Decreased global myocardial perfusion at adenosine stress as a potential new biomarker for microvascular disease in systemic sclerosis: A magnetic resonance study

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T1 - Decreased global myocardial perfusion at adenosine stress as a potential new biomarker for microvascular disease in systemic sclerosis

T2 - BMC Cardiovascular Disorders

AU - Gyllenhammar, Tom

AU - Kanski, Mikael

AU - Engblom, Henrik

AU - Wuttge, Dirk M.

AU - Carlsson, Marcus

AU - Hesselstrand, Roger

AU - Arheden, Håkan

PY - 2018/1/30

Y1 - 2018/1/30

N2 - Background: Patients with systemic sclerosis (SSc) have high cardiovascular mortality even though there is no or little increase in prevalence of epicardial coronary stenosis. First-pass perfusion on cardiovascular magnetic resonance (CMR) have detected perfusion defects indicative of microvascular disease, but the quantitative extent of hypoperfusion is not known. Therefore, we aimed to determine if patients with SSc have lower global myocardial perfusion (MP) at rest or during adenosine stress, compared to healthy controls, quantified with CMR. Methods: Nineteen SSc patients (17 females, 61 ± 10 years) and 22 controls (10 females, 62 ± 11 years) underwent CMR. Twelve patients had limited cutaneous SSc and 7 patients had diffuse cutaneous SSc. One patient had pulmonary arterial hypertension (PAH). MP was quantified using coronary sinus flow (CSF) measurements at rest and during adenosine stress, divided by left ventricular mass (LVM). Results: There was no difference in MP at rest between patients and controls (1.1 ± 0.5 vs. 1.1 ± 0.3 ml/min/g, P = 0.85) whereas SSc patients showed statistically significantly lower MP during adenosine stress (3.1 ± 0.9 vs. 4.2 ± 1.3 ml/min/g, P = 0.008). Three out of the 19 SSc patients showed fibrosis in the right ventricle insertion points despite absence of PAH. None had signs of myocardial infarction. Conclusions: Patients with SSc have decreased MP during adenosine stress compared to healthy controls. Thus hypoperfusion at stress may be a sensitive marker of cardiac disease in SSc patients possibly signifying microvascular myocardial disease.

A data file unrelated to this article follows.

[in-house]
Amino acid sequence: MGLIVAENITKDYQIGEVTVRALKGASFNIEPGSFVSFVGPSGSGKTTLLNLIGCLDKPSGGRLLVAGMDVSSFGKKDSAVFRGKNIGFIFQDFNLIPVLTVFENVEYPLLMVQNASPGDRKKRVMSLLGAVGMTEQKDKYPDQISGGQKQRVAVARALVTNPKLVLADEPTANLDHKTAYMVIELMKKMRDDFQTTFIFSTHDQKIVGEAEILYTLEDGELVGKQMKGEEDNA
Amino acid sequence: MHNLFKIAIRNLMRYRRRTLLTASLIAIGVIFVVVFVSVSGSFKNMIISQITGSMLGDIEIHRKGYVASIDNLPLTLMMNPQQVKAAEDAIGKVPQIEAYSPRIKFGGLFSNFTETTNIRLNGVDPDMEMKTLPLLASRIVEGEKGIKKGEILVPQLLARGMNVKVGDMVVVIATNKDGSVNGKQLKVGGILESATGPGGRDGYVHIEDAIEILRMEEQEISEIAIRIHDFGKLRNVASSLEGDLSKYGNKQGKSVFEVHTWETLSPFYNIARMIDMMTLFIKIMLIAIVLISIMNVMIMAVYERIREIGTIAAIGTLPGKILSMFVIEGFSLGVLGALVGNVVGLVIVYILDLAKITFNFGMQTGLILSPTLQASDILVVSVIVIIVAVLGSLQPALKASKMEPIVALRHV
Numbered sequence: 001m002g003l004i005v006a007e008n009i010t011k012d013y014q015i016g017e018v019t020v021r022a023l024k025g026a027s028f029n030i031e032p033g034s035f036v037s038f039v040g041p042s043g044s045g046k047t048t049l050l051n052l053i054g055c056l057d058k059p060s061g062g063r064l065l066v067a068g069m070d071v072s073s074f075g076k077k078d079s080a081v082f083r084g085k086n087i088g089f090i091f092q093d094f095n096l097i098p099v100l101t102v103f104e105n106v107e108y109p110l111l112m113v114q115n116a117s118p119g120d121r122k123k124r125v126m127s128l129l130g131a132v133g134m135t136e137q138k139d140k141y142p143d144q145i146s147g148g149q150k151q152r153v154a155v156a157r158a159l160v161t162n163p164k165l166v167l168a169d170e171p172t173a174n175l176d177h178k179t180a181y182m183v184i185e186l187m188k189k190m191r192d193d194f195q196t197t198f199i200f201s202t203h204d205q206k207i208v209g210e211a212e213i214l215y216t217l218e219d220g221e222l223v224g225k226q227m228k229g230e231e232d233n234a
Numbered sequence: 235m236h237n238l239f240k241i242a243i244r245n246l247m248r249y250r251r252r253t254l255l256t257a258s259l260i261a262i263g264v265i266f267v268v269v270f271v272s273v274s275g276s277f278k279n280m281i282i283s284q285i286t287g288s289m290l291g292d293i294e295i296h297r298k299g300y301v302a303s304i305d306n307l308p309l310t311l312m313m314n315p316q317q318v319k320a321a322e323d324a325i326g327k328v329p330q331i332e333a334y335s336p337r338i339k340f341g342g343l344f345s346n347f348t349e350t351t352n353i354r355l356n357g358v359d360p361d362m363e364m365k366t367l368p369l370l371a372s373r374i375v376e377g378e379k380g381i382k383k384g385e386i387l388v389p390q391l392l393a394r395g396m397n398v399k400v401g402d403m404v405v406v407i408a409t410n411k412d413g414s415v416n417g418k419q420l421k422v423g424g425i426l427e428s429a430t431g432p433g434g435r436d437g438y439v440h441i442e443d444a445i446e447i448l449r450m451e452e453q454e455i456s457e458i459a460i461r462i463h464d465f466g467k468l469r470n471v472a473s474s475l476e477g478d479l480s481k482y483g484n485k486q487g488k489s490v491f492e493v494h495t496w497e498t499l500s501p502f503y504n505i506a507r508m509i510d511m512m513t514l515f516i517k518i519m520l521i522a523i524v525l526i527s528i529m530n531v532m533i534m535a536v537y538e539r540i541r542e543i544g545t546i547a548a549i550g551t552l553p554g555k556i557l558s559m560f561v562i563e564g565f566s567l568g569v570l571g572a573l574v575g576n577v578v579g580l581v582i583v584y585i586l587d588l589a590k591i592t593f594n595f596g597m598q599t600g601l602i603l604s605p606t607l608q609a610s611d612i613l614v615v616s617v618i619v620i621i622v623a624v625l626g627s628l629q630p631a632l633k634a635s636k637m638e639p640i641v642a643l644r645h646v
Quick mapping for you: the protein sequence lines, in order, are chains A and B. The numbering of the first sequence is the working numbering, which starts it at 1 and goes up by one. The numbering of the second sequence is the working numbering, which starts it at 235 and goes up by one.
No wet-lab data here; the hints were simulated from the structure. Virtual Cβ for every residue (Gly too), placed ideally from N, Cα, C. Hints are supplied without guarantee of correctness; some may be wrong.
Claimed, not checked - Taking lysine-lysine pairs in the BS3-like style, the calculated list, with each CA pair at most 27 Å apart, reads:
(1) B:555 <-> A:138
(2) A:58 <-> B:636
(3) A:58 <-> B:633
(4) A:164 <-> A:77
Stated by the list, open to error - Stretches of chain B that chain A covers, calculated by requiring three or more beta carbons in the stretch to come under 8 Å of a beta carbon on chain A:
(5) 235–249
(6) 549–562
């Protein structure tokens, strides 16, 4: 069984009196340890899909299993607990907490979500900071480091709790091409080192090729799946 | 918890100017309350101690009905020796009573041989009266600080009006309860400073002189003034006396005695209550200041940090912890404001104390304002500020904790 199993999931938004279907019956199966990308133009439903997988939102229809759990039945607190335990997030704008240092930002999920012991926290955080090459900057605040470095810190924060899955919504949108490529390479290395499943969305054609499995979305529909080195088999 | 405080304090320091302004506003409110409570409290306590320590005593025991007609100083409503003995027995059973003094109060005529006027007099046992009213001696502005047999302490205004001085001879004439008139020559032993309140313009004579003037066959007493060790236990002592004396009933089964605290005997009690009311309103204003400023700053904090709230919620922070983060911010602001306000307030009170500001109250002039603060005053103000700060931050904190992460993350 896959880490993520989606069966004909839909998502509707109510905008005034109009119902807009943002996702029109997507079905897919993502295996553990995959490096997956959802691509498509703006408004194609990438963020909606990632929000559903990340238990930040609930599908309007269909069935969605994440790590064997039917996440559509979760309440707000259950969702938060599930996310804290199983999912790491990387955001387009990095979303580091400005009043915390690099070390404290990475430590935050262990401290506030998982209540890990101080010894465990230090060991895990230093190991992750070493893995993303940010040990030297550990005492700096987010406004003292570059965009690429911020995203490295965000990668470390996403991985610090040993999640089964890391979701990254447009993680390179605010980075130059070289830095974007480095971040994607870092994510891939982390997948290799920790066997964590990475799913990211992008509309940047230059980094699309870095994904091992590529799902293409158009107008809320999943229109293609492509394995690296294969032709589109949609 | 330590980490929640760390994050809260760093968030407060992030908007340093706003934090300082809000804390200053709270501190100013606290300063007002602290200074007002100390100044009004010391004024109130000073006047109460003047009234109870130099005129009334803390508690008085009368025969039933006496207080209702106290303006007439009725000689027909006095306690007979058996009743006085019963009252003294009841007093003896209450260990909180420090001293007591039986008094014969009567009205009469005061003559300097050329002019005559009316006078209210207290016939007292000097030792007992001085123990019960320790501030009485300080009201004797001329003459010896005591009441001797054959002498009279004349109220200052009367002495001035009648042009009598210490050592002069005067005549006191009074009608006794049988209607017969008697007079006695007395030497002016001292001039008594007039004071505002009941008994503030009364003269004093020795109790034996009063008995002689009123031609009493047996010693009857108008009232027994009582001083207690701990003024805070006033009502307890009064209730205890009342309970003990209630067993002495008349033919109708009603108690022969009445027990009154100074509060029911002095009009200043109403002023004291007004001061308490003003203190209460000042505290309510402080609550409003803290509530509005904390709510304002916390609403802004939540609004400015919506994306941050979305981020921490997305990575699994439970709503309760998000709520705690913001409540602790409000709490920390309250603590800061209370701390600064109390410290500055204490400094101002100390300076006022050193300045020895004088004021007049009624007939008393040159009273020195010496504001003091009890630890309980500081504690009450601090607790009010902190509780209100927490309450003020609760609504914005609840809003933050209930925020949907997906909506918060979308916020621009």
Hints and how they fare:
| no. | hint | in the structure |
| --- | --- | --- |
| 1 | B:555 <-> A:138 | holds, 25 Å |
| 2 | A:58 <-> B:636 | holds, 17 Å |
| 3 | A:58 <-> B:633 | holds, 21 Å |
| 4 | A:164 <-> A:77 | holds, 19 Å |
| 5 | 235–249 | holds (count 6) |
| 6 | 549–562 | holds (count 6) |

AB - Background: Patients with systemic sclerosis (SSc) have high cardiovascular mortality even though there is no or little increase in prevalence of epicardial coronary stenosis. First-pass perfusion on cardiovascular magnetic resonance (CMR) have detected perfusion defects indicative of microvascular disease, but the quantitative extent of hypoperfusion is not known. Therefore, we aimed to determine if patients with SSc have lower global myocardial perfusion (MP) at rest or during adenosine stress, compared to healthy controls, quantified with CMR. Methods: Nineteen SSc patients (17 females, 61 ± 10 years) and 22 controls (10 females, 62 ± 11 years) underwent CMR. Twelve patients had limited cutaneous SSc and 7 patients had diffuse cutaneous SSc. One patient had pulmonary arterial hypertension (PAH). MP was quantified using coronary sinus flow (CSF) measurements at rest and during adenosine stress, divided by left ventricular mass (LVM). Results: There was no difference in MP at rest between patients and controls (1.1 ± 0.5 vs. 1.1 ± 0.3 ml/min/g, P = 0.85) whereas SSc patients showed statistically significantly lower MP during adenosine stress (3.1 ± 0.9 vs. 4.2 ± 1.3 ml/min/g, P = 0.008). Three out of the 19 SSc patients showed fibrosis in the right ventricle insertion points despite absence of PAH. None had signs of myocardial infarction. Conclusions: Patients with SSc have decreased MP during adenosine stress compared to healthy controls. Thus hypoperfusion at stress may be a sensitive marker of cardiac disease in SSc patients possibly signifying microvascular myocardial disease.

KW - Cardiovascular magnetic resonance imaging

KW - Coronary sinus flow

KW - Microvascular disease

KW - Scleroderma

KW - Systemic sclerosis

UR - http://www.scopus.com/inward/record.url?scp=85041304394&partnerID=8YFLogxK

U2 - 10.1186/s12872-018-0756-x

DO - 10.1186/s12872-018-0756-x

M3 - Article

VL - 18

JO - BMC Cardiovascular Disorders

JF - BMC Cardiovascular Disorders

SN - 1471-2261

IS - 1

M1 - 16

ER -